Cia Pet

I've been thinking lately that I should have more posts about bread. it is my livelihood, after all; and although, you can't live by it can come pretty darn close. I wanted to take a little bit of time today to talk about crust and crumb. Everyone is pretty familiar with "crust". it is the outside layer of the bread and can be baked to a spectrum of different hues and inundated with things such as seeds, grains, herbs, etc. One particular thing that I wanted to talk about is the importance of a crisp, darker, crust (at least in most european hearth-style breads.) notice the thickness of the crust in the middle picture above. this full sized ciabatta (available now at LeQuartier on weekends!), has a darker, thick crust, giving it a really nice nuttiness and a great crispy, crunchy mouth feel (baking it lighter would lead to a more chewy, american style texture, which i am not particularly a big fan of). not only is this good for taste and aesthetics, but it is also a way to extend the life of the finished product. Baking a loaf of bread darker like this adds to the overall shelf life.
Crumb is just another word for the inside texture of a loaf of bread. Many things affect the finished crumb, such as hydration, mixing time, the addition of pre-ferments, etc. while I'm not about to give our secrets to supreme baking awesomeness away, one thing I can tell you is this: hydration is key. I would say that most american bakeries under-hydrate. Which is kind of sad really. I can't imagine choosing a dense, compact crumb over an airy interior.
So, like I mentioned before, the above picture is of a full sized ciabatta loaf that we just started baking a couple of weeks ago. In italian, it means "ladies slipper", or "flat slipper", but I assure you, it tastes nothing like shoe leather. This is a great bread to slice horizontally for paninis or pressed sandwiches, or in vertical slices for bruschetta, crostini, or just to dip in some fruity olive oil or some nice, sticky balsamic. could make the tomato sauce pictured above (ridiculously easy recipe to follow) and dip away.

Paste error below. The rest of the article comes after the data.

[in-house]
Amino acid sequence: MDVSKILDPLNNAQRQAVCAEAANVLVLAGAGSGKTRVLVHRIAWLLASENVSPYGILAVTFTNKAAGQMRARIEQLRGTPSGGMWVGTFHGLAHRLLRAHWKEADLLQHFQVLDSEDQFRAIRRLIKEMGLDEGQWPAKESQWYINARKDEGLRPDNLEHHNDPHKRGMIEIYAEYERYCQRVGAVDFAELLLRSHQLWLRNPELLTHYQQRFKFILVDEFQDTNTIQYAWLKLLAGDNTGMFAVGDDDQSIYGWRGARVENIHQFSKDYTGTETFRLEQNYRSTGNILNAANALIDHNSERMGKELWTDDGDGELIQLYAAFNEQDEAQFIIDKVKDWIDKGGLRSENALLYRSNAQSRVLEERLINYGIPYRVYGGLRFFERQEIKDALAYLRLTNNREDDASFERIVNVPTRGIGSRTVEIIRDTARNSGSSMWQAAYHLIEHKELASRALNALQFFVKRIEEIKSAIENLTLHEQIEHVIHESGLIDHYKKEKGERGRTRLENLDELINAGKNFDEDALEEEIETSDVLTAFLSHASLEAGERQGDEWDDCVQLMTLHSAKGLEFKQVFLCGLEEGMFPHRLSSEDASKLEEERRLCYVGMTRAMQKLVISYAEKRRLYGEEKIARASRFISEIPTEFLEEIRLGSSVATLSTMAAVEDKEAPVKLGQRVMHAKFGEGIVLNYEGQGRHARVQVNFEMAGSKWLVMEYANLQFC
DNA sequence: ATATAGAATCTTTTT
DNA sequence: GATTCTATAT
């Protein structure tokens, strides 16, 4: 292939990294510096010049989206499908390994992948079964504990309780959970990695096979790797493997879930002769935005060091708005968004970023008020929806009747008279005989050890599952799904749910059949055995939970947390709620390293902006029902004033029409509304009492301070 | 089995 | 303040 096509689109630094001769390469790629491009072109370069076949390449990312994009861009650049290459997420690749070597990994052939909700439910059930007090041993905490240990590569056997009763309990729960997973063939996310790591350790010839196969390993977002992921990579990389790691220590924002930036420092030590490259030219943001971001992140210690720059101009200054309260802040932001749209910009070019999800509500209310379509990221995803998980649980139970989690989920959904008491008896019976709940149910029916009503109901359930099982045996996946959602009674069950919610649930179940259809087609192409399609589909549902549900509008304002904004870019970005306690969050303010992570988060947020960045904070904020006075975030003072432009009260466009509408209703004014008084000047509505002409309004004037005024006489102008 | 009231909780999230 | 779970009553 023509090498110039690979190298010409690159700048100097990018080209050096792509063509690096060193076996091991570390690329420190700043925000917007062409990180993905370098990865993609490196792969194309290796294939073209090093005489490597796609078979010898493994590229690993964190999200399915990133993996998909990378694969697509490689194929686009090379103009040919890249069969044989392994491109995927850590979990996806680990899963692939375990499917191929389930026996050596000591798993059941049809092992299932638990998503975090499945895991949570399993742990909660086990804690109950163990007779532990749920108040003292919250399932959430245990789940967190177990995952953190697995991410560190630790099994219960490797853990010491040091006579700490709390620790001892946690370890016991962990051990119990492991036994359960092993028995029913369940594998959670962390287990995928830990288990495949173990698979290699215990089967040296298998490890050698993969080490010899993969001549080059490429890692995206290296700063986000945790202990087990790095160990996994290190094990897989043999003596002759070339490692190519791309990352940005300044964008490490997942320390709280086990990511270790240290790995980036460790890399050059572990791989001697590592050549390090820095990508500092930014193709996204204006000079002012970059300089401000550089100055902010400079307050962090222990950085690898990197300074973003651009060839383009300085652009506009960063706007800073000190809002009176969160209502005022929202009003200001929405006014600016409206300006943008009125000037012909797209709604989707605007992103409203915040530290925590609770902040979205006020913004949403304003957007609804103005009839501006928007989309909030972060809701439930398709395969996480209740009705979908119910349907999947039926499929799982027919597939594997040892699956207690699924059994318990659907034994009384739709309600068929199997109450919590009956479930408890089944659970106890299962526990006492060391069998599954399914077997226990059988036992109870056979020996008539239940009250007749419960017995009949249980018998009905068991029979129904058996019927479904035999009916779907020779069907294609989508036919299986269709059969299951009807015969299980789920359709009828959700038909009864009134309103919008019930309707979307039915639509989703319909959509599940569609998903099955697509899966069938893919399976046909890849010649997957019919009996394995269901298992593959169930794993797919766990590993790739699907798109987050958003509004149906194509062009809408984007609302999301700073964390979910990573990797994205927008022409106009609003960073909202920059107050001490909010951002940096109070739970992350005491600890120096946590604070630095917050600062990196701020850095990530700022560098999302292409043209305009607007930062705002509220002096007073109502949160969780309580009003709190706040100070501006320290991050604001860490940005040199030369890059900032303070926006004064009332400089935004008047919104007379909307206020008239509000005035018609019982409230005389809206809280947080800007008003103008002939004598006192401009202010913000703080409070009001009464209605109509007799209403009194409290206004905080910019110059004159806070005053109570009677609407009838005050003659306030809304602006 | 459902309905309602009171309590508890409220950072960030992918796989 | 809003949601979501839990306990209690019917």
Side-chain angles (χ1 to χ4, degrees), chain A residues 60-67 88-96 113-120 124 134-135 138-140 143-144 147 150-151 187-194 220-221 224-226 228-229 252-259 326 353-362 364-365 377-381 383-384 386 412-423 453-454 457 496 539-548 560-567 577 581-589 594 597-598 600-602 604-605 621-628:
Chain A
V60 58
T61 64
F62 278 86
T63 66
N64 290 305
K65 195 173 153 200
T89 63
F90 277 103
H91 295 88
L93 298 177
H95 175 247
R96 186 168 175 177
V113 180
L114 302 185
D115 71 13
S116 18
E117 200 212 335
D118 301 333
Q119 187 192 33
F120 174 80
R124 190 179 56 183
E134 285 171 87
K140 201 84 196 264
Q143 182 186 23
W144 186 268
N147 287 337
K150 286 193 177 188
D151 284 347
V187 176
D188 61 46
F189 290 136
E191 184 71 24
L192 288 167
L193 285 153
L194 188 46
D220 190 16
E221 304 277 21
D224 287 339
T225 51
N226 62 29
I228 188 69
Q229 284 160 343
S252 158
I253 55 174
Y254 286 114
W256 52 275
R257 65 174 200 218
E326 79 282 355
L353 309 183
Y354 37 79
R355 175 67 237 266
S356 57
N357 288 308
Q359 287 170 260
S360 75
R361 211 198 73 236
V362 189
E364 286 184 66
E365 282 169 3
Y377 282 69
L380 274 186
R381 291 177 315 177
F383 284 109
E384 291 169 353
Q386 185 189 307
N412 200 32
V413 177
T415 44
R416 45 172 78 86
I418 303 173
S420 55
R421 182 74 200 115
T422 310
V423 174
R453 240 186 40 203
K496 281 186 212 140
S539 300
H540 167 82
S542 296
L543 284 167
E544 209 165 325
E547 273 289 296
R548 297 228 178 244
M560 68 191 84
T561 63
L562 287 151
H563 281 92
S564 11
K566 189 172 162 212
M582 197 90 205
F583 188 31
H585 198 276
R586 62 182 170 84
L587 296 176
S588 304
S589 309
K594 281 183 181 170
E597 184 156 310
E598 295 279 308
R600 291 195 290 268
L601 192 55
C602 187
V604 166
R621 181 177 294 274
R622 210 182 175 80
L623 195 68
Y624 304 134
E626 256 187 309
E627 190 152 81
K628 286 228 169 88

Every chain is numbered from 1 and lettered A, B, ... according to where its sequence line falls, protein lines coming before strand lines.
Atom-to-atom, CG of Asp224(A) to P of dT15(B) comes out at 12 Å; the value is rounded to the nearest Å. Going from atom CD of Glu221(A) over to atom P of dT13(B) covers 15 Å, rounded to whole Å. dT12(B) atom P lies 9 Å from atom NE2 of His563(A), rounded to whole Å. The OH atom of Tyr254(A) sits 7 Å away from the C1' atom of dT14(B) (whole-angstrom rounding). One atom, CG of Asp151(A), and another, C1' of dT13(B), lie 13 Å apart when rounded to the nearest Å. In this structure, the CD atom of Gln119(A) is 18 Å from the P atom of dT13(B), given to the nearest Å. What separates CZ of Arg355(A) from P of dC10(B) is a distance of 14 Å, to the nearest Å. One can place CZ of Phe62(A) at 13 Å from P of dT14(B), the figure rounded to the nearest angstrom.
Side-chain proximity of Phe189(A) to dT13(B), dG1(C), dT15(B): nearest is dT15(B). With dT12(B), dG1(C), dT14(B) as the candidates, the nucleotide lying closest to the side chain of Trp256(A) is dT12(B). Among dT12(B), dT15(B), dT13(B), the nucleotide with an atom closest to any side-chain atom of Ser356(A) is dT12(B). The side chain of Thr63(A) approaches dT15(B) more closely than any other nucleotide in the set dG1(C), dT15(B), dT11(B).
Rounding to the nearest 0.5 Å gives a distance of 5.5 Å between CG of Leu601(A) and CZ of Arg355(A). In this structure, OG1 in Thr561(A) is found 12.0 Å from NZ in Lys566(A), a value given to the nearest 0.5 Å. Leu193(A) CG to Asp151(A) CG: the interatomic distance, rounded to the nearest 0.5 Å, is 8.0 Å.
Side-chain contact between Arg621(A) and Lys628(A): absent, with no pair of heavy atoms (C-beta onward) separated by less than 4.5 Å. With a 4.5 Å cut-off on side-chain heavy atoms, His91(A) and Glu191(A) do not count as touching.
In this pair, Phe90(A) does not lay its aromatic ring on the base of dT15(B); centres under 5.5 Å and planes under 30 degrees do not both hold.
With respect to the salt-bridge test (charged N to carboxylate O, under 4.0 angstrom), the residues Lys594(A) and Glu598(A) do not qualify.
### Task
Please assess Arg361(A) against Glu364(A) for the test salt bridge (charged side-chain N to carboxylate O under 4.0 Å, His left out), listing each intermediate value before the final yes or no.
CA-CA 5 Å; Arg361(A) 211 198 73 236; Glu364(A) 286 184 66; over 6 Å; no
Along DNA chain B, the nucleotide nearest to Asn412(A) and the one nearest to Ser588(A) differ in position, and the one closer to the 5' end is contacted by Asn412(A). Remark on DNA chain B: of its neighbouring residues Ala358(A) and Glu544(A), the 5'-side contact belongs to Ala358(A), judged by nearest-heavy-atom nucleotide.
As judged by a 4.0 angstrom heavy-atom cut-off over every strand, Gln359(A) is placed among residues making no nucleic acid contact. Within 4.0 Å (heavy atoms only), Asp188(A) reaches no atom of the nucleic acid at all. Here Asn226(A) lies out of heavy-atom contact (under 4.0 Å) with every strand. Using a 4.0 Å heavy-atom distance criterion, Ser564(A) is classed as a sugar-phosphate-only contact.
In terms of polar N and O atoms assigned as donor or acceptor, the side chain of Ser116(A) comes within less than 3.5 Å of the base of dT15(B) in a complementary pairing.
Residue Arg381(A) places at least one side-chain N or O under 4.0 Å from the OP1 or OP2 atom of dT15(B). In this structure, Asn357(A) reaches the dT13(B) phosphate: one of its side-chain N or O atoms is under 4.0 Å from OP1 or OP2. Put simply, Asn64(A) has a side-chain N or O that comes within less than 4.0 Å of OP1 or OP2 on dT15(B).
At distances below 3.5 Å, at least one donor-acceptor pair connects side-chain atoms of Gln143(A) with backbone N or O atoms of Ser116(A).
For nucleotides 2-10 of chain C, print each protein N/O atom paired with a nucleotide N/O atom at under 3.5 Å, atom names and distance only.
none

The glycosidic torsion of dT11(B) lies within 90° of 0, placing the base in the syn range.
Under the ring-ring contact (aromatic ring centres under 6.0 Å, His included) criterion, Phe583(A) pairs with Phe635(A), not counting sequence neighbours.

other stuffs.
hosted a first b-day party for a good friend's son yesterday. Houseful of peeps, one dog, and what seemed like a billion little girls. all in all, was a pretty good time, but it does seem starkly quiet around here...the dog is still totally passed out from all the madness.
Also, would encourage people to pop into the bakery. we have been doing some cool stuff with the pain de campagne, sourdoughs, etc. Also, we have v-day treats perfect for your lady-friends or your man-beasts.

Three ingredient tomato sauce (click for link, this is a great, simple sauce with really good tomato flaves.)

DISH recommends:
Icelander. by Dustin Long. this is a great first novel by this guy. A quick read that is interesting from the get-go.


piccolinadesigns said...

Mmmmmm. Bread. You now have me pining for the bakery. :(

Good news- Madzilla and I are trekin' it to the Children's Museum Wednesday. If we stop at the bakery at 8:30-9:00 ish, will we see the Dish??

the DISH said...

most definitely! I'm usually there until 9:30-10. hopefully your tiny tot doesn't fall over this time:)

Beerorkid said...

might you have a suggestion for a good bread book or site?

My fave is the crusty LeQuartier breads. I have made the no knead breads before with lots of success, but recently I am having no luck at all with other types. Would love to be able to make up some dough on a sat afternoon and eat a crusty loaf with dinner.

the DISH said...

BorK-- I really like all of the books by peter Reinhart. A good starting book is the bread baker's apprentice. I also occasionally check out this site:, it can be a bit overwhelming. good luck!

Beerorkid said...

Picked up artisan bread in 5 minutes a day. Will look into the others as well. Thanks

marfyc said...

Awesome pics of the bread! Good job! I don't think you mentioned that it was YOUR idea that we should do the big loaf of ciabatta in the first place.... You are a visionary! :)